At Large

Flickers of Progress

Obama wants all credit for Hillary's mission to Burma -- whose president has his own anti-Beijing reasons for playing nicer.

By 12.2.11

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The first attempt at a breakthrough in Burmese/U.S. relations was reported in classified State Department cables in 2009, according to Wikileaks' document release. A well-connected "Burmese businessman" was used as an informal and confidential intermediary by the Burmese government to initiate behind-the-scenes discussions to counteract a review in progress in Washington aimed at tightening economic sanctions. Only one month before the businessman's contact, U.S. Senator James Webb had been impressed during his Burmese trip by the local view that the existing sanctions had effectively "handed over" Burma to Beijing.

The Burmese government now headed by the retired general Thein Sein has edged towards a reconciliation with the West and particularly the United States for the past year. That President Barack Obama saw fit to telephone "the lady," Aung San Suu Kyi, before deciding to send Hillary Clinton to Rangoon this week may have appeared an unusual courtesy. It was in fact a display of a lack of confidence in his own diplomatic and intelligence services that recommended the trip. Obama's call to Suu Kyi was once again an attempt -- oddly not unlike Richard Nixon and other insecure leaders -- to inject himself on a personal basis rather than utilize normal chain-of-command governmental exchanges in foreign affairs.

The image of the knight, Sir Barack, riding to the rescue of the distressed damsel, Suu Kyi, perhaps accompanied a White House desire to avoid presenting Mrs. Clinton with the chance to be credited with the breakthrough on the long blocked Burma/U.S. relations. Of course the fact that the Obama flacks are actively burnishing the president's foreign policy credentials also cannot be ruled out. In any case, the American president seeking reelection at a time when his Middle East non-policy is prominently displayed finds it very convenient to adjust White House focus to the highly dramatic plight of Burma and the long suffering heroine, Aung San Suu Kyi.

The appointed Burmese president, Thein Sein, who is being credited with the new direction of Burmese politics, is definitely one of the "insiders" in the military-controlled government. He was the prime minister for four years in an earlier administration. For that reason, his statements during the past year that emphasized a reorientation of internal priorities and a willingness to work with others who "hold different ideas and concepts" (his words) has given a new tone to the governance of his country.

The reason for the changed focus is less altruistic than it might appear. Thein Sein wants Burma to take major steps toward regaining international status and, most importantly, to have existing sanctions removed. For the moment his willingness to loosen domestic police constraints appears to have the support of key generals of the junta. It may be that the latter finally have recognized that they face either national stagnation or forced reliance on their big brother -- The Peoples' Republic of China. This latter issue already has become a problem. Burma's northeastern border with China is booming with Chinese commerce to the point that the renminbi has become the currency of choice.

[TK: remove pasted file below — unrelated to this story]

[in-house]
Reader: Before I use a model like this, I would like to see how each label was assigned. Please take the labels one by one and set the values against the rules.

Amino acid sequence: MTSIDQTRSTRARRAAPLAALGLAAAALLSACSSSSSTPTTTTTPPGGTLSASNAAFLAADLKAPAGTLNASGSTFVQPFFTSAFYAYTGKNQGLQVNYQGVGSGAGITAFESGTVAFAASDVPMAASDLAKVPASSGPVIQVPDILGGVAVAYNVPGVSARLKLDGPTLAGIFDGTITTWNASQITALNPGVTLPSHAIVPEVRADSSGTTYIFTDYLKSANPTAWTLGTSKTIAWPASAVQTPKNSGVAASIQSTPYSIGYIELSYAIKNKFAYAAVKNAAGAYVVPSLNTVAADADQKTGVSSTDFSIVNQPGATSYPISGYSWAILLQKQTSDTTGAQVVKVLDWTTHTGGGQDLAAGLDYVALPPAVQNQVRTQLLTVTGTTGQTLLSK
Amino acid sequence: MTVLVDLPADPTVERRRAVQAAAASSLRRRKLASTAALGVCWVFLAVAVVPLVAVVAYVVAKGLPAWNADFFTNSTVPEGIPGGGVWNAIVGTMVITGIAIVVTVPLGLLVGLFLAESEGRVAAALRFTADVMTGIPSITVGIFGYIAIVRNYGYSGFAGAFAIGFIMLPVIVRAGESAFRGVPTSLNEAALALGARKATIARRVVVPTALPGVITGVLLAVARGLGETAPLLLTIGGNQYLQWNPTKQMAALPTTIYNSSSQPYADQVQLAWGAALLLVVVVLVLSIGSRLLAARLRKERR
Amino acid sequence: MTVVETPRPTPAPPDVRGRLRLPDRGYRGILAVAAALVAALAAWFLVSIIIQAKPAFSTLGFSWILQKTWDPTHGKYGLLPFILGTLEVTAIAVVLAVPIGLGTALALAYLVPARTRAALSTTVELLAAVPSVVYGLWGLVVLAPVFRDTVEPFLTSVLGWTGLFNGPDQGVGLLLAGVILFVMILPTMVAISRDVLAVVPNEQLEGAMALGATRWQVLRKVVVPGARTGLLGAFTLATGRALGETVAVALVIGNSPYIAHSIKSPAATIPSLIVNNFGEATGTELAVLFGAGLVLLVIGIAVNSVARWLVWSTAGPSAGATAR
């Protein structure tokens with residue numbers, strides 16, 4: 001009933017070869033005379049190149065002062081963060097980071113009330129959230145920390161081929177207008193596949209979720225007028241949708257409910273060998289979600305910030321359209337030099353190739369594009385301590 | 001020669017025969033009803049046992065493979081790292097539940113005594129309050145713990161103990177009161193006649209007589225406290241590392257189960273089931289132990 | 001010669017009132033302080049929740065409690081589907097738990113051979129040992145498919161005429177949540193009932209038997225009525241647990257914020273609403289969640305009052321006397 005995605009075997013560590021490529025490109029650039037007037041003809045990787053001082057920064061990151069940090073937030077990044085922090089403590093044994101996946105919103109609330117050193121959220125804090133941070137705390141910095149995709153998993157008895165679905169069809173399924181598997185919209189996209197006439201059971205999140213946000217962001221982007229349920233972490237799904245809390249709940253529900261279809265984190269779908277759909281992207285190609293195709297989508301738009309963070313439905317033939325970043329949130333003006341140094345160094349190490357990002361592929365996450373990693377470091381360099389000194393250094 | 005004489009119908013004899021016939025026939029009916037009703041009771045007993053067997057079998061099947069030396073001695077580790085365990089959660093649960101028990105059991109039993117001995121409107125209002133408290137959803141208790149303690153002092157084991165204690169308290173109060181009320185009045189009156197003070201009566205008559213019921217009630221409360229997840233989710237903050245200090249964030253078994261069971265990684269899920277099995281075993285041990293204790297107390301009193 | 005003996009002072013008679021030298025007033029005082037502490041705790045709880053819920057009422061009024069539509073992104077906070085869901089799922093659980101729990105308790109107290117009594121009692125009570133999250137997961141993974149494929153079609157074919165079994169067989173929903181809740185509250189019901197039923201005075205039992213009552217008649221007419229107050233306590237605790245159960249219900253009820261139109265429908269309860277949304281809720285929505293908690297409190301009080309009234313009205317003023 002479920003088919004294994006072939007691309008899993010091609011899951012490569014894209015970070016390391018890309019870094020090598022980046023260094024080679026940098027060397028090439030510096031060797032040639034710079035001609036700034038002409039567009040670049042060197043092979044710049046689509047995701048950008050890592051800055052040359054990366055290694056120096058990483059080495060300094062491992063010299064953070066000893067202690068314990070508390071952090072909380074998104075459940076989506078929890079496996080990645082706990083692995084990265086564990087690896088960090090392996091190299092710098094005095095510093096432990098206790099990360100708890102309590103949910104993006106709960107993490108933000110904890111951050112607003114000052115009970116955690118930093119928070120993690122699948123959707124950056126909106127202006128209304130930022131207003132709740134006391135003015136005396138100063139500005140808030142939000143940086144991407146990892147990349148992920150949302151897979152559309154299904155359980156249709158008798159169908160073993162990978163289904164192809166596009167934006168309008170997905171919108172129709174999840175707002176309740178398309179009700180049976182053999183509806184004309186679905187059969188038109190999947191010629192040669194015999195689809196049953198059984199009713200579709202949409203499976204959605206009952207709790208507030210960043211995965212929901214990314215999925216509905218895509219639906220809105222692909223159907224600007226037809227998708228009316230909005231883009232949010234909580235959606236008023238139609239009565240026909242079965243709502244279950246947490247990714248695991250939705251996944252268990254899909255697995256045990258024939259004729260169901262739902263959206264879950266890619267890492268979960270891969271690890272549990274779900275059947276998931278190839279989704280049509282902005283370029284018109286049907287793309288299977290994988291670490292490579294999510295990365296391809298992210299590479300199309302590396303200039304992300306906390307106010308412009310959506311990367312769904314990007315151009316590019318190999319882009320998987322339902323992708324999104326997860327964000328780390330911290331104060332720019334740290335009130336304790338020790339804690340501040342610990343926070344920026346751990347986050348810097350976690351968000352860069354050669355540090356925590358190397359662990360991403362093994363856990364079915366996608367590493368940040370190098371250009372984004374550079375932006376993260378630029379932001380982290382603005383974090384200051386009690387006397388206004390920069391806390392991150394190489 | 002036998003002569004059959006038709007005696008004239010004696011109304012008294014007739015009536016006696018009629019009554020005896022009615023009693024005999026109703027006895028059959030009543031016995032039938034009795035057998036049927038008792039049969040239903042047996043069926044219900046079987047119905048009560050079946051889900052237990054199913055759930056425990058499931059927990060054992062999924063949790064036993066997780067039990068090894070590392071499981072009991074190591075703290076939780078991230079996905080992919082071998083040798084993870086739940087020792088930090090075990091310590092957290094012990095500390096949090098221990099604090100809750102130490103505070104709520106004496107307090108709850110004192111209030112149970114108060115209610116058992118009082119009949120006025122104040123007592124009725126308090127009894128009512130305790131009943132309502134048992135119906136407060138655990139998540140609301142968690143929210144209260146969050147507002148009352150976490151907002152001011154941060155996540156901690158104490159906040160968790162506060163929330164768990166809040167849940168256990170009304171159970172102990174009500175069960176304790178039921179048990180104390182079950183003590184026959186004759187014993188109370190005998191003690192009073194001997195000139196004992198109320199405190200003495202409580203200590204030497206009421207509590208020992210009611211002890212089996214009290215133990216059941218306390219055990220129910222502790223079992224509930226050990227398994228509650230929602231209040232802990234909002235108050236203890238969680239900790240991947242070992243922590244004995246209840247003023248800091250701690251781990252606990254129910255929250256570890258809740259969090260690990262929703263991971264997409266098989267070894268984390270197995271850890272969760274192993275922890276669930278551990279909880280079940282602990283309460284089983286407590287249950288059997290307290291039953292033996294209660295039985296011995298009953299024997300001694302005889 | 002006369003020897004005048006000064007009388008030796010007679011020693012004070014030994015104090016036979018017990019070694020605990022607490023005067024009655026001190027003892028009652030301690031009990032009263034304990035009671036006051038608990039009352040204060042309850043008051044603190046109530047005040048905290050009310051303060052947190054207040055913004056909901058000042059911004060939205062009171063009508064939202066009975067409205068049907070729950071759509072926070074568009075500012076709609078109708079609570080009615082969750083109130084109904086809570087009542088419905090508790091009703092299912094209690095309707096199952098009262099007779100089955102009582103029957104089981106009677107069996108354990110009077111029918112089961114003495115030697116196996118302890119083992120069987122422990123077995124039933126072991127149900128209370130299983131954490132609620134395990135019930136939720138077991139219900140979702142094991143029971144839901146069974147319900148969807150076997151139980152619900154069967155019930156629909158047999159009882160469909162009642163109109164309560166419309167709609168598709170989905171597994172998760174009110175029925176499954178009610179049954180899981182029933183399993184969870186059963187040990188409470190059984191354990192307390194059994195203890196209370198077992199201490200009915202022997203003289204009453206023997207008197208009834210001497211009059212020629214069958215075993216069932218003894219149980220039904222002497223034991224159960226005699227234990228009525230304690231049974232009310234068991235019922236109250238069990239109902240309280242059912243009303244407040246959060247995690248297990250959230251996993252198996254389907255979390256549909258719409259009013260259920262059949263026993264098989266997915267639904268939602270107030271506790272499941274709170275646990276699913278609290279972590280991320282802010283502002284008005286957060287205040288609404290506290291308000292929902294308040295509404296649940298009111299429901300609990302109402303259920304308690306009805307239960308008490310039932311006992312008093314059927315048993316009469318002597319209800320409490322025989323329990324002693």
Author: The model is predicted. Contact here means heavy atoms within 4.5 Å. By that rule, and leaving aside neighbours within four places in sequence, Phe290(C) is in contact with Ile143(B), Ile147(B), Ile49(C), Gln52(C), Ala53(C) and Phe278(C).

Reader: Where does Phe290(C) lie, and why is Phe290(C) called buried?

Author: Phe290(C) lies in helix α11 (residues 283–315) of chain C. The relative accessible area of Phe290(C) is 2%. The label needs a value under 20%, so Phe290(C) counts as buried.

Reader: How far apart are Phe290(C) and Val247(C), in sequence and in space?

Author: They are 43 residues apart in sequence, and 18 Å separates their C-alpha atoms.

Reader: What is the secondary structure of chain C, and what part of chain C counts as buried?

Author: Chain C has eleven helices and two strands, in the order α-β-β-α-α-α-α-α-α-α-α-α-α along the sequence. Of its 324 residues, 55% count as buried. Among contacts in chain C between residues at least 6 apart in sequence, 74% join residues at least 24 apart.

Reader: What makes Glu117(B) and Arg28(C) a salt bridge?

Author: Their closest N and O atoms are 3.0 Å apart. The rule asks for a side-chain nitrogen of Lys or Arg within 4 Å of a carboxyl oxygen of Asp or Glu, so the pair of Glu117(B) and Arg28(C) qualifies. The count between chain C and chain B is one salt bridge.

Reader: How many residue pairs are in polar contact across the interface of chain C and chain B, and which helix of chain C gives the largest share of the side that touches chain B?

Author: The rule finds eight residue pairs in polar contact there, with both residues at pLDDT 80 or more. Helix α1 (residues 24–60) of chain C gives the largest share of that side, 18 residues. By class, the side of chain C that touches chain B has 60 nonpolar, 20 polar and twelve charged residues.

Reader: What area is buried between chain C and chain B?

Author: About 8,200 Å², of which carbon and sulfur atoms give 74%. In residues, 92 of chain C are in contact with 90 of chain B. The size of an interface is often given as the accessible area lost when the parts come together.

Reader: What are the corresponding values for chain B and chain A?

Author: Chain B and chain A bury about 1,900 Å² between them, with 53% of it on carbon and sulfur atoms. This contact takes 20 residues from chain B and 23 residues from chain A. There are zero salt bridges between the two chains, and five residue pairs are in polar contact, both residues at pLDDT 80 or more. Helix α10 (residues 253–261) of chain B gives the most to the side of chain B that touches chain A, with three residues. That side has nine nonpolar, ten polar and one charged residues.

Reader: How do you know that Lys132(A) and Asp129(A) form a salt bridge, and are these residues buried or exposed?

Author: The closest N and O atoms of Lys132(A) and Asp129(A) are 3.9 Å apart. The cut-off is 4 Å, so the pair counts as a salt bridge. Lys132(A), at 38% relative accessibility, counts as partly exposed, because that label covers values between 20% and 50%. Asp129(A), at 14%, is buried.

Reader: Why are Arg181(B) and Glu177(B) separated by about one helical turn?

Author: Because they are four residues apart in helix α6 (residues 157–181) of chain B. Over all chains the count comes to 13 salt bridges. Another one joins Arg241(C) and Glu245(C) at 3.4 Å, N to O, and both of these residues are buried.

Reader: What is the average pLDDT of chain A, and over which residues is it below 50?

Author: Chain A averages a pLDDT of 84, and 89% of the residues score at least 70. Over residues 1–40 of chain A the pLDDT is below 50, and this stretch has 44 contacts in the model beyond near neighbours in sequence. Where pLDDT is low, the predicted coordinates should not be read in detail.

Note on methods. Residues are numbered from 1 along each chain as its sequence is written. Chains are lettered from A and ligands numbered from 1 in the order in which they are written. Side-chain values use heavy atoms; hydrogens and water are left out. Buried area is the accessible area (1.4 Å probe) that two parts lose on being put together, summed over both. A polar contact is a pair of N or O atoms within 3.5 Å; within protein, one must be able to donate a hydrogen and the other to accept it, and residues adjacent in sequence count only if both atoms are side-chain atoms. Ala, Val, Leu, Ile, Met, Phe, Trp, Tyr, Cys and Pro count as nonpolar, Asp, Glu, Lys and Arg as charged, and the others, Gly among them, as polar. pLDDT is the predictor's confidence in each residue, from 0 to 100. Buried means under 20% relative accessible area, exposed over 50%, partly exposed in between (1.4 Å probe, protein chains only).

In addition to being a captured market for Chinese goods and services, Burma with its deposits of natural gas has become a nearby source for China's energy import requirements and thus a target of attempts at Chinese monopoly. China had initiated work on one of the seven dams planned for the Irrawaddy River, requiring the relocation of thousands of people. The Chinese plan for hydro-power development was presented as virtually non-negotiable. To the surprise of Beijing, the Thein Sein government has halted the investment project for the Myitsone Dam and work on the dam itself has stopped. As could be expected, this action by Burma has caused considerable unease in Sino-Burma relations.

Thein Sein initiated this effort to reduce Burma's economic ties to China about the same time as feelers were being put out for improvement in relations with Washington. Not only does Burma's new government want to take steps toward reducing Western sanctions, but it has become fairly obvious that it is moving diplomatically to be named to chair the 2014 meeting of the Association of Southeast Asian Nations (ASEAN).

To gain the active support of the now no longer incarcerated Aung San Suu Kyi, several hundred political prisoners have been released as part of an announced program of freeing a total of two thousand. Suu Kyi is key to improved U.S. relations, and she has so far held up her end of the bargain with Thein Sein of non-disruptive politics. She has told the BBC that she perceives Thein Sein as committed to change -- at least as can be determined presently. This statement preceded the announcement that the United States' Secretary of State would visit Burma.

The White House views the adjustment in U.S. relations with Burma as part of the "peace-maker" image for Obama during his run for re-election. As is true on the domestic scene, everything in foreign affairs accomplished by the sitting president during 2012 must be patterned in such a way as to redound to Obama's benefit as a friend of world peace. Somehow that seems a harder sell to Beijing, with the White House deciding to jump into the Burmese political stew at this time.

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About the Author
George H. Wittman writes a weekly column on international affairs for The American Spectator online. He was the founding chairman of the National Institute for Public Policy.